Impressionist (entertainment)

From Academic Kids

Go to Impressionism to read about Impressionist artists.

An impressionist is a performer whose act consists of giving the "impression" of being someone else by imitating the other person's voice and mannerisms.

The word usually refers to a professional comedian who specializes in such performances, has developed a wide repertoire of impressions, and regularly seeks to add to them, often to keep pace with current events. Someone who imitates one particular person without claiming a wide range, such as a lookalike, is instead called an impersonator. In very broad contexts, "impersonator" may be substituted for "impressionist" where the distinction between the two is less important than avoiding confusion with the use of "impressionist" in painting and music.

Usually, the most "impressive" aspect of the performance is the vocal fidelity to the target — usually a politician or famous entertainer.

Props may also be employed, such as glasses or hats, but these are now considered somewhat old-fashioned and cumbersome: the voice is expected to carry the act.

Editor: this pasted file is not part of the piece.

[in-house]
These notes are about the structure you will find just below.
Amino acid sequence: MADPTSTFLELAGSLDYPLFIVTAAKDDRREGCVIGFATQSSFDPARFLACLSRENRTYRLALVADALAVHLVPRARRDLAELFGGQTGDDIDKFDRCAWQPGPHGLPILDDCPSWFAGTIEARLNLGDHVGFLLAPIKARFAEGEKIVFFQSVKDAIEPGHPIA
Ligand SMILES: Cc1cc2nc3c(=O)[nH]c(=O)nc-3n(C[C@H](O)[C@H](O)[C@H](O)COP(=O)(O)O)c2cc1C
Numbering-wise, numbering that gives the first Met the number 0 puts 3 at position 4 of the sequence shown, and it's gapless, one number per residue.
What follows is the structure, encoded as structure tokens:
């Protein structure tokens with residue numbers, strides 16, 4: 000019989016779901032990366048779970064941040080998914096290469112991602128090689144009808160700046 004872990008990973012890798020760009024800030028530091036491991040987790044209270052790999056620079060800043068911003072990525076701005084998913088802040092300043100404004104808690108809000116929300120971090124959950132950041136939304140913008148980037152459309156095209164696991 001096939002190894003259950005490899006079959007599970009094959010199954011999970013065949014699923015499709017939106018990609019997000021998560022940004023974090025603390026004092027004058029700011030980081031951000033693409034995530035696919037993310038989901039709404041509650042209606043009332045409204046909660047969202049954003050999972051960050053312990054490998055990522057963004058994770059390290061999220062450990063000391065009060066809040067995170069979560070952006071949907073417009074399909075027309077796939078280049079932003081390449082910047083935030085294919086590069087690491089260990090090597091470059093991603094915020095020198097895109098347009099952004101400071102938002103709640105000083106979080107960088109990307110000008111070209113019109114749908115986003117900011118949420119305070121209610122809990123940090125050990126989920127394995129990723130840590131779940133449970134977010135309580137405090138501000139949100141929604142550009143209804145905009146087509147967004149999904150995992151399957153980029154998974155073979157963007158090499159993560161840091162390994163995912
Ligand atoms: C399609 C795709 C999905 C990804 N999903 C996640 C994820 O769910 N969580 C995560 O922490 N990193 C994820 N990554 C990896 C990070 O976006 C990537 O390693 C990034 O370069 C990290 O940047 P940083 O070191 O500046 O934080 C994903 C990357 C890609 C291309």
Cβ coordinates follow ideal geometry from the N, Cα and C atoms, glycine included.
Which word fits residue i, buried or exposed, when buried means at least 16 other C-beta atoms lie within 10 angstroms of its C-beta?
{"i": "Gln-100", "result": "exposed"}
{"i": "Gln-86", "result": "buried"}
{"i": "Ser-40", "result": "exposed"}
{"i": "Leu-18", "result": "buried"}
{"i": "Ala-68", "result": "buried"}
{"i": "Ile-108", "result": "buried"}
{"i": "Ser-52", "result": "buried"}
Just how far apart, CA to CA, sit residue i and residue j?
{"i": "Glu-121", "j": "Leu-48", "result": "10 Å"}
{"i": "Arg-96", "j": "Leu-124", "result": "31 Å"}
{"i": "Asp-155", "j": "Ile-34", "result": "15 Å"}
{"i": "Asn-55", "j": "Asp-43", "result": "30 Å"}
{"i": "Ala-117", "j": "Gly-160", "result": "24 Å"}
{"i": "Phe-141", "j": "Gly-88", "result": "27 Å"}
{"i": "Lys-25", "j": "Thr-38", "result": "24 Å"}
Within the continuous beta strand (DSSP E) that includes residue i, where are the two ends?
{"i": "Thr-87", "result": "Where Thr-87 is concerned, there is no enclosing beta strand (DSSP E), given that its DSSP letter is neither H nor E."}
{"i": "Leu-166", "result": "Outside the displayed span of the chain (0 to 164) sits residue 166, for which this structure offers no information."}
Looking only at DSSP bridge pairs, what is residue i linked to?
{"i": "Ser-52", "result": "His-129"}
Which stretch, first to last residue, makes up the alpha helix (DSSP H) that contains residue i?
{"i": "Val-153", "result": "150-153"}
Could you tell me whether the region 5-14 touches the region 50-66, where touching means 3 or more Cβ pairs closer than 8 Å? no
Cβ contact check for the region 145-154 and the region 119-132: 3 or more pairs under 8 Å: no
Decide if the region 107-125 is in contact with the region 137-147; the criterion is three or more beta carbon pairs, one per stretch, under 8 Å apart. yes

Because animated cartoons often lampoon famous people (sometimes obliquely), a penchant for impressions has been one of the marks of a successful voice actor. Many cartoon characters are intended to be recognized by the audience as evoking a specific celebrity, even when not explicitly named. With such indirect references, the entertainment value does not lie so much in the technical achievement of exactly reproducing the voice so much as in merely making it recognizable; the joke lies in the reference to a celebrity, not in its rendition.

In any case, there is a difference between being able to do "impressions" and being an "impressionist," which usually refers to a stage performer.

Impressionists in Britain

During the 1970s British television was awash with impressions of Frank Spencer, a character from a hugely popular British sitcom called Some Mothers Do 'Ave 'Em. This may have been because Frank had such distinctive mannerisms and dress sense which gave performers a number of visual shortcuts to cover for failings in their abilities. At any rate it seemed that, for about a decade, no British impressionist's act was complete without a dose of Frank.

Impressionists were very popular on the televised talent shows of the 1970s; Lenny Henry is a notable example of an act that developed from these roots.

Some notable impressionists


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